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Blood Spatter Analysis
Transcript of Blood Spatter Analysis
Analysis IS IT BLOOD? WHAT IS BLOOD? Noun:
The red liquid that circulates in the arteries and veins of vertebrate animals, carrying oxygen to and carbon dioxide from the tissues...
An internal bodily fluid, not necessarily red, that performs a similar function in invertebrates. blood: Components of Blood Solid Portion of Blood
Red Blood Cells
White Blood Cells
45% of blood Liquid Portion of Blood
55% of blood RBC contain hemoglobin, which is ONLY found in blood, therefore, is useful in the identification Components of a RBC RBC's transport oxygen from the lungs to the body and remove carbon dioxide from tissues and transport it back to the lungs. The molecule responsible for this transport is Hemoglobin. The surface of a RBC contains antigens
Antigen (Ag) – a glycoprotein that stimulates the body to produce antibodies (Ab) against it
Antigens impart blood-type characteristics to the RBC Antigens & Antibodies Rh factor or D antigen – people having the D antigen are Rh positive; those without are Rh negative
Antibodies (Ab) are proteins found in the serum that destroy or inactivate a specific Antigen (Ag)
The fundamental principle of blood typing is that for every antigen, there exists a specific antibody. An Ab will react only with its specific antigen
Ab are normally bivalent – having 2 reactive sites
Each Ab can simultaneously be attached to antigens on 2 different RBC
This creates a network of cross-linked cells seen as clumping or agglutination Blood Typing Blood typing was used as an important diagnostic tool for forensic investigators until the early 1990's. It could help determine the type of blood and eliminate suspect from our pool based on blood type. It also gave strong evidence to link the suspect to the scene.
What are the problems with ABO/Rh blood typing?
What technology replaced blood typing? Identification of Blood A Forensic Investigator must answer the following questions when examining dried blood or any blood for that matter:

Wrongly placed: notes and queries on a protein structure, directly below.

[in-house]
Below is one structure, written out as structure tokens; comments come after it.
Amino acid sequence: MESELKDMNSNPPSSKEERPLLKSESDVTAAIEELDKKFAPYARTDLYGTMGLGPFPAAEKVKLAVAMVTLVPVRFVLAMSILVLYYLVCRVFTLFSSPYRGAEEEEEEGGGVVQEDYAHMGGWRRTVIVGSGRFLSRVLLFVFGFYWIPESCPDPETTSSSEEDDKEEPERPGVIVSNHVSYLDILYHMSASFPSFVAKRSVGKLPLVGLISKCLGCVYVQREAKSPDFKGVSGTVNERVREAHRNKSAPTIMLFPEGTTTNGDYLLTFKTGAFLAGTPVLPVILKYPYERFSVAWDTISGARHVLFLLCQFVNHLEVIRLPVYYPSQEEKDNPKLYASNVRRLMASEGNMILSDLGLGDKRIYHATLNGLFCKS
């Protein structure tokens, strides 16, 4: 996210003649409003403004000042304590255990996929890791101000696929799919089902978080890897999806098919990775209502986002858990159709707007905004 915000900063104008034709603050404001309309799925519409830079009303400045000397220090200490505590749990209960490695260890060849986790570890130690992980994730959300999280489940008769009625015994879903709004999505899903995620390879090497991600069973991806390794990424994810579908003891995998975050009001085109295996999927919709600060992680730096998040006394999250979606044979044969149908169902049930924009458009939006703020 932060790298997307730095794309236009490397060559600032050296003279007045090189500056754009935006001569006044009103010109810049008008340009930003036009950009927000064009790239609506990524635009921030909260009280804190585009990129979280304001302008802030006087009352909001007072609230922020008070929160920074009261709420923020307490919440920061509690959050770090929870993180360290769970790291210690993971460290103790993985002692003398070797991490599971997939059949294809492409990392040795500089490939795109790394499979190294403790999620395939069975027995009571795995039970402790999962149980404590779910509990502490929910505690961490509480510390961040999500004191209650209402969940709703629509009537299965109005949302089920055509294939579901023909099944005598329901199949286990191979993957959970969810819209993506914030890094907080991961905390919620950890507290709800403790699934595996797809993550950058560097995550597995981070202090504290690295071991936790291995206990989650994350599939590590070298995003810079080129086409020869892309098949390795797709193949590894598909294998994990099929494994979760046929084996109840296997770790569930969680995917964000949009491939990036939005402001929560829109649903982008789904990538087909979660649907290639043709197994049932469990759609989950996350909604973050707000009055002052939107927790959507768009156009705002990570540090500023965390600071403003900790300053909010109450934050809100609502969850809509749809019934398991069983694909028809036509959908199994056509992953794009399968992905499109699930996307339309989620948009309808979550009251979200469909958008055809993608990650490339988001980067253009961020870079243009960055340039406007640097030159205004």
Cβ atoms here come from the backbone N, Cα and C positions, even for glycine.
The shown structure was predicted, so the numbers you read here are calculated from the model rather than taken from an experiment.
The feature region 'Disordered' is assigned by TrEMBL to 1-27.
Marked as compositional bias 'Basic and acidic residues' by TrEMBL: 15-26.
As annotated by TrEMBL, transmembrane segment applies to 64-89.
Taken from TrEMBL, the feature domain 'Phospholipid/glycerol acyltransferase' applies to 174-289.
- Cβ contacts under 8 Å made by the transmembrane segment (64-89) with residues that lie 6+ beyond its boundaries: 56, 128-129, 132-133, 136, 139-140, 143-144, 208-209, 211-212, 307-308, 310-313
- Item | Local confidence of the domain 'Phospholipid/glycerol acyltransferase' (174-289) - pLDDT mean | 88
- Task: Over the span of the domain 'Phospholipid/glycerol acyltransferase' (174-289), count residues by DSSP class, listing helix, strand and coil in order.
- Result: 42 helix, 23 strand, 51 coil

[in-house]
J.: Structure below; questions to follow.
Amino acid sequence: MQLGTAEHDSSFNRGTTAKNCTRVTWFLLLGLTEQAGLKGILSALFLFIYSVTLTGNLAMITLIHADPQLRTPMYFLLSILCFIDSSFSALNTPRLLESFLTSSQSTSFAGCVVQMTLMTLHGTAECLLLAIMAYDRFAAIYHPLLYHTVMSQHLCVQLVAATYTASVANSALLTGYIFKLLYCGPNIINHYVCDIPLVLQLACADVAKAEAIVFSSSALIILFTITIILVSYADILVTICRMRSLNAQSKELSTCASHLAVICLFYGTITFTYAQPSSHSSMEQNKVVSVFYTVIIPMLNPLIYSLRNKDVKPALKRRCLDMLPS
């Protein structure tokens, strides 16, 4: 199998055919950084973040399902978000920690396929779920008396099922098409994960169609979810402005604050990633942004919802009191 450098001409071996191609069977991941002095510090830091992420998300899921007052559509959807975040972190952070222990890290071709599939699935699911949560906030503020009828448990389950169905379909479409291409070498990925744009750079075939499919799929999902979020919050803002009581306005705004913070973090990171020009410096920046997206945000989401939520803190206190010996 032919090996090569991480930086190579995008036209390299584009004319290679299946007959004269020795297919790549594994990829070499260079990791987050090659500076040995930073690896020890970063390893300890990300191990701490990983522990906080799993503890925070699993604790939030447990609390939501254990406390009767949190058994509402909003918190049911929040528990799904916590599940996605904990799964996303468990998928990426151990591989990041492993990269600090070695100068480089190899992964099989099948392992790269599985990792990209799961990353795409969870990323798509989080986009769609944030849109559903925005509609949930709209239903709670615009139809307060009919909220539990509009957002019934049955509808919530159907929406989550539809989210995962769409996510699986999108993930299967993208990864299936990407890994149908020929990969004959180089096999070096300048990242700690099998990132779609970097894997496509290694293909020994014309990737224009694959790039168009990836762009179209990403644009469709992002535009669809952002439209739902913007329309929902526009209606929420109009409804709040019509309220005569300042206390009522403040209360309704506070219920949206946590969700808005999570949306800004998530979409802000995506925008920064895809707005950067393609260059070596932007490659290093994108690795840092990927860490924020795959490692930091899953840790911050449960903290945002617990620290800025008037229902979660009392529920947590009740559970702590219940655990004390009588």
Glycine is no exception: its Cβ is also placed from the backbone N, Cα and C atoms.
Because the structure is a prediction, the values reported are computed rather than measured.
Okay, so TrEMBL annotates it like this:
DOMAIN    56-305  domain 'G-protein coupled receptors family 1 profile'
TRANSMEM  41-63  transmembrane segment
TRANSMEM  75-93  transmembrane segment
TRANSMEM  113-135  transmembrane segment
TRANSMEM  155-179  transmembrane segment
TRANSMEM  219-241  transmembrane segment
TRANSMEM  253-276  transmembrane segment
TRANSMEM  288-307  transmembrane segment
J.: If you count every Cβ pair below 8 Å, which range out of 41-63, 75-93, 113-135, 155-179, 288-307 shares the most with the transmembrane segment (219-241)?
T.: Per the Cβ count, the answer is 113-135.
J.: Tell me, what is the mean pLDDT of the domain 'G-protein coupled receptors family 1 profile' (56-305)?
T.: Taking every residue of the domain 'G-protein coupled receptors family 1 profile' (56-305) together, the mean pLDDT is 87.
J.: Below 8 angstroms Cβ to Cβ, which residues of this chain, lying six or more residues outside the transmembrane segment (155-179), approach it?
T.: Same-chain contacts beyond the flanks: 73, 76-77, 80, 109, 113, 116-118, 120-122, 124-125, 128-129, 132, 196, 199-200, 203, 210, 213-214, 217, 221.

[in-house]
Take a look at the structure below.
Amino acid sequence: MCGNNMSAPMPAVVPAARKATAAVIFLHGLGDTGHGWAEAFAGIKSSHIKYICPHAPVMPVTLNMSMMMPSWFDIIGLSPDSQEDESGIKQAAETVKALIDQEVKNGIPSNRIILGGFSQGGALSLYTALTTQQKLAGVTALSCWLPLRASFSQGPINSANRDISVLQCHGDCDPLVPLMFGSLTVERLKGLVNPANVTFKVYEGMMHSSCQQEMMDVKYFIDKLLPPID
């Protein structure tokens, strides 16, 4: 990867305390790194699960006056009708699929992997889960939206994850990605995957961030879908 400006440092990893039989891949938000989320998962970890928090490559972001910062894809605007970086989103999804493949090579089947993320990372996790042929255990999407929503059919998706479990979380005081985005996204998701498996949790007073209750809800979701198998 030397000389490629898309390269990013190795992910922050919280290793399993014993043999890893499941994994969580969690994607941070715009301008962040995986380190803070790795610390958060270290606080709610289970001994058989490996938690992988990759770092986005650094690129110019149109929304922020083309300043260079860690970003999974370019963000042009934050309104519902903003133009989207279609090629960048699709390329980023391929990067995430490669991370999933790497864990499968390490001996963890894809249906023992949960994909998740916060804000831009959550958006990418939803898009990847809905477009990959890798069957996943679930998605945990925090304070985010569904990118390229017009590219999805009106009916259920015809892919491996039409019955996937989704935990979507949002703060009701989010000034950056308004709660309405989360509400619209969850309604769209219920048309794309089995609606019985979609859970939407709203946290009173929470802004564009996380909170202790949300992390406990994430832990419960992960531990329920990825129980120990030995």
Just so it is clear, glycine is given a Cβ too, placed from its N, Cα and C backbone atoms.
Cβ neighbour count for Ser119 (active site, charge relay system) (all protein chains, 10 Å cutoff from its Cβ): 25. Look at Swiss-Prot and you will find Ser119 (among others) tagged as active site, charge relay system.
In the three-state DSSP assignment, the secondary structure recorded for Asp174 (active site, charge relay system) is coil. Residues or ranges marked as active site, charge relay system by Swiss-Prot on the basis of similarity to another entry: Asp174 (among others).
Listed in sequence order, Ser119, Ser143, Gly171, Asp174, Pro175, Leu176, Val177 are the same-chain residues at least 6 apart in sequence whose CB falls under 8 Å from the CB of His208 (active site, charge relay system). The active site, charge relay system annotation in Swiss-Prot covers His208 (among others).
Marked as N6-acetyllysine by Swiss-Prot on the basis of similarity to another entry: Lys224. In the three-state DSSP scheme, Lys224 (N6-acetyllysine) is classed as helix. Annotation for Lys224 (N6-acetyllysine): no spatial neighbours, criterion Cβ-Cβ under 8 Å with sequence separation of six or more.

1.) Is it blood?
2.) From what species did it originate?
3.) If the blood is human, can it be individualized. (Who's blood is it?) Two general types of test for Blood:
Color Change, Luminescence, & Fluorescence
Doesn't tell us species of origin
Microcrystalline & Precipitin
Gives us species of origin Presumpitve Tests Color Tests Chemiluminescence Fluorescence Benzidine Color Test For many years the Benzidine color test was a standard as a presumptive test for blood. It was found to be a carcinogenic and it's use has been discontinued. Kastle-Meyer Test Phenolphthalein has been substituted for Benzidine.
Blood is picked up with typically a q-tip
Phenolphthalein and hydrogen peroxide are added
The mix of the blood, Phenolphthalein, and peroxide will yield a deep pink color
It is not specific for blood, and can have false positives (potatoes and horseradish) Color tests such as the Benzidine and Phenolphthalein test are a result of peroxidase like activity that is expressed by hemoglobin. Peroxidases are a class of enzyme that accelerate the oxidation of organic material when combined with peroxide. Hemastix Field investigators have found the use of hemastix very useful
Originally designed to detect blood in urine
strip is moistened with distilled water and placed in contact with the stain
a green color indicates blood
Up to 1992 o-tolidine was the active ingredient in Hemastix, it was derivative of Benzidine (Carcinogenic!)
Post 1992 Diisopropylbenzene Dihydroperoxide, Tetramethylbenzidine Is the process by which light is emitted as a PRODUCT of a chemical reaction. No additional light is required for the reaction to take place. Spray area
View in complete darkness
Bloodstains will luminesce within 5 sec
Best on area where there has been an attempt to clean up; capable of detecting blood dilute up to 100,000 times
Won’t interfere with subsequent DNA testing
Because of its transient nature, photograph for records Luminol Bluestar Luminol based
Uses different reagents for visualization
Does not need total darkness
It is more sensitive than luminol
Occurs when a chemical substance is exposed to a particular wavelength of light (usually a short wavelength, such as UV) and light energy is emitted at longer wavelengths. Requires alternate light source to see. Purpose is to define/enhance patterns not visible but thought to be present